Space Foundation, National Research Council Call for Bolder Course for U. S. Space Exploration
The outside advice directed at NASA and theU. S.civil space program came in waves this week, just as the space agency was unveiling changes to its Mars exploration program, including plans for the launching of a second Curiosity class rover in 2020.
An earlier Space Coalition blog summarized findings from the U. S. National Research Council, outlined in a lengthy report sought by NASA’s Congressional appropriators that found the space agency in need of better strategic direction from the White House and Congress. Under funded for its many space and aeronautics missions, NASA’s stated goal of exploring an asteroid with human explorers by 2025 and eventually Mars has failed to generate public enthusiasm, according to the NRC’s 80 page report, NASA’s Strategic Direction and the Need for a National Consensus
The non profit Space Foundation urged the 54-year-old space agency to re-embrace founding principles in an equally blunt 70 page report, Pioneering: Sustaining U. S. Leadership in Space.
The two documents share a common theme: change is in order, if the U. S. is to sustain and widen its global lead in the exploration of space.
The Space Foundation, headquartered in Colorado Springs and supported by the nation’s top aerospace companies, space entrepreneurs, telecommunications companies, educational organizations and media, urged policy makers to focus NASA on pioneering as its “its singular, compelling purpose,” while “transitioning non-pioneering activities to other government and private sector organizations.”
That would mean separating NASA from its responsibilities for “all things space.” The agency’s coast to coast infrastructure would be re-evaluated for its fitness to carry out a pioneering mission.
NASA’s administrator would serve a renewable 5-year appointment and select his or her own nominee for deputy administrator. The agency’s chief would work with a 12 member commission, whose members are selected by the president, Congressional majority and minority leaders as well as Congressional oversight panels.
The NASA chief would follow the objectives outlined in a 10 year plan and a broader 30-year strategic blueprint. Congress would look to options for funding NASA and its objectives.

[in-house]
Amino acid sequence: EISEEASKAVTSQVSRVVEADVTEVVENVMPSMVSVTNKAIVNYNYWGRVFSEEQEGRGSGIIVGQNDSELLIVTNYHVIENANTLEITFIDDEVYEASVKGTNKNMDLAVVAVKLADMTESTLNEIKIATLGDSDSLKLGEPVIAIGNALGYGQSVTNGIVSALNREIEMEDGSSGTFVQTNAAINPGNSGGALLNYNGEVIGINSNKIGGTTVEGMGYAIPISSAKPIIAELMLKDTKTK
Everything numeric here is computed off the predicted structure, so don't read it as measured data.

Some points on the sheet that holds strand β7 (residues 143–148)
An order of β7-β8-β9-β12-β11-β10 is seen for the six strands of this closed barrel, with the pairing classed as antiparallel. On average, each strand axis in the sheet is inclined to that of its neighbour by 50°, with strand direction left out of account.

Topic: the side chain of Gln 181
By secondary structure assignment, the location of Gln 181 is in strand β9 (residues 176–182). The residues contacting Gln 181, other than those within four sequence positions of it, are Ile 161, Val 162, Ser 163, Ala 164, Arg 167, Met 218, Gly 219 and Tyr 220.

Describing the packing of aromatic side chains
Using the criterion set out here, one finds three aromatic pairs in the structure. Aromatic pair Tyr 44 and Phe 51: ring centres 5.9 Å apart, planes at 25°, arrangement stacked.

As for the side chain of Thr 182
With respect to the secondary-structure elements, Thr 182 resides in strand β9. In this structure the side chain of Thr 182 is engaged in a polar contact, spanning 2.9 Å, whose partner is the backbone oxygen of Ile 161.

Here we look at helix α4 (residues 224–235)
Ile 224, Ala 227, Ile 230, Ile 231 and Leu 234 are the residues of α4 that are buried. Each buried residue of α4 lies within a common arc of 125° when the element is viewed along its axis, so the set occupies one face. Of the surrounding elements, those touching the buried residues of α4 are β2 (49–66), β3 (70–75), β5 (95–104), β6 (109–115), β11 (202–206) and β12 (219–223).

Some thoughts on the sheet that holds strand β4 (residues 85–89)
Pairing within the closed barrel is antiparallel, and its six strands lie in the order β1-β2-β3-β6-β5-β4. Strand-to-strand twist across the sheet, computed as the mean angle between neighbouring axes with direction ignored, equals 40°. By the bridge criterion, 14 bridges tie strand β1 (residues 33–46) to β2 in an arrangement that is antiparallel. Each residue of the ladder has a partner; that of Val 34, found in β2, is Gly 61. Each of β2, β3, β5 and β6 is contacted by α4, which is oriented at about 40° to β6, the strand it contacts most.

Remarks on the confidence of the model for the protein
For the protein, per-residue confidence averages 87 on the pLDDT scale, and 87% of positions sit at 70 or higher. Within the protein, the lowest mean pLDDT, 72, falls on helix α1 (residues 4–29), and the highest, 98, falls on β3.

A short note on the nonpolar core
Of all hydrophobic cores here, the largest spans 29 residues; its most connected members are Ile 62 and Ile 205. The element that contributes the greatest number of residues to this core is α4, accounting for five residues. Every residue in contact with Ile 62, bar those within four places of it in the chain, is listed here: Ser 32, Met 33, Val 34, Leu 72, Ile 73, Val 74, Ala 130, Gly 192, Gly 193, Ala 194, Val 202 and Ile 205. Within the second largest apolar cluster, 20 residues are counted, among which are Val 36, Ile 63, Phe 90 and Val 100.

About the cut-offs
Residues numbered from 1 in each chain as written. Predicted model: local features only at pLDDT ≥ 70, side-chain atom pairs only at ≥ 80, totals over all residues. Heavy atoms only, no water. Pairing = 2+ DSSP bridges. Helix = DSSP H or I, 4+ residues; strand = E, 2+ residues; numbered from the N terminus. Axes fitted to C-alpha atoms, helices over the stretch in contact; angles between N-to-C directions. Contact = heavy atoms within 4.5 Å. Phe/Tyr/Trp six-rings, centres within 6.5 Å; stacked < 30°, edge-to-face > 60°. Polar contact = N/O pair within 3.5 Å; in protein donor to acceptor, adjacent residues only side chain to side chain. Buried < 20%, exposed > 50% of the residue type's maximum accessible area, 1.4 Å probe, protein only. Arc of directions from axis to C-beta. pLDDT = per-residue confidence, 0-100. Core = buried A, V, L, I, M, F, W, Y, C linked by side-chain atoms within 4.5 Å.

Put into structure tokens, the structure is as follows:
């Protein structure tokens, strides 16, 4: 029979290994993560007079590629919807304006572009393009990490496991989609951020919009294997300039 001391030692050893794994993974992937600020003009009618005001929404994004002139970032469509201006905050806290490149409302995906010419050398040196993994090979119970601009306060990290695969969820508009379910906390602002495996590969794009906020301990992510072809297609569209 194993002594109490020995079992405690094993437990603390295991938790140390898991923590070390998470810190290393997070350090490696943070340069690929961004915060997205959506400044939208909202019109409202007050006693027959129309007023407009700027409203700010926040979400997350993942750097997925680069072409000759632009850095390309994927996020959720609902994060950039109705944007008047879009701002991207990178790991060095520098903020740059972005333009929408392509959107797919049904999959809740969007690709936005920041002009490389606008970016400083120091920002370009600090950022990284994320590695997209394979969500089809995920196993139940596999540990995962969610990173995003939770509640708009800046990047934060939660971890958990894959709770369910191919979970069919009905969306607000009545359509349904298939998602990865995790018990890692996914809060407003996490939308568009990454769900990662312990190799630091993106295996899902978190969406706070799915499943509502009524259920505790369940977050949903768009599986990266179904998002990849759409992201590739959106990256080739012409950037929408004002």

“Our research revealed that NASA is struggling to find its way as a result of years of circumstance and mixed signals from political leadership. But, the fundamental issue is the muddled — or non-existent — understanding of why NASA exists and what it should be doing,” noted Elliot Pulham, the Space Foundation’s chief executive.
Both reports sounded a troubled note that theU. S.has had no means of launching its own astronauts into space since the shuttle fleet was retired in July 2011. With favorable budgets that capability will not return until 2017, when NASA expects from among itsU. S.commercial crew partners to begin launching astronauts to the International Space Station.
NASA’s own spacecraft, the Orion, is not expected to launch with astronauts until 2021. They’ll blaze a trail riding atop the new Space Launch System, a powerful launcher that would start U.S. explorers toward that first asteroid encounter and perhaps into the Martian environs a decade or so later.
The Space Foundation and NRC reports, released Dec. 4 and 5, were distributed among lawmakers and policymakers, some of them preparing to move on in the aftermath of the U. S. presidential election in November. Others will be joining the policy making process with new food for thought on space exploration thanks to the NRC and the Space Foundation.
According to the Space Foundation, “pioneering” embraces a multi-part definition: being among those who first enter a region to open it for use and development by others; and being one of a group that builds and prepares infrastructure precursors, in advance of others. The Pioneering Doctrine has four phases: access, exploration, utilization, and transition.
Restrictive federal budgets forced NASA to withdraw from a partnership with the European Space Agency for the European-led Exo-Mars initiative, an ambitious effort to launch missions in 2016 and 2018 that would set the stage for an eventual Mars soil and rock sample return mission, a high priority of those involved in the NRC’s decadal survey process.
NASA responded with plans for MAVEN, a mission that will study the Martian atmosphere, and InSight, a mission that will study the structure of the Martian interior. The launches in 2016 and 2018 will rely largely on heritage Martian hardware, easing schedule and budget pressures on NASA.
This week, the agency added the 2020 launch of a second Curiosity rover for additional exploration of the Martian terrain.
The original touched down in Gale Crater on Mars in early August, invigorating followers from around the world. The landing marked a dramatic start to Curiosity’s two-year search for signs the Martian environment was once suitable for microbial life.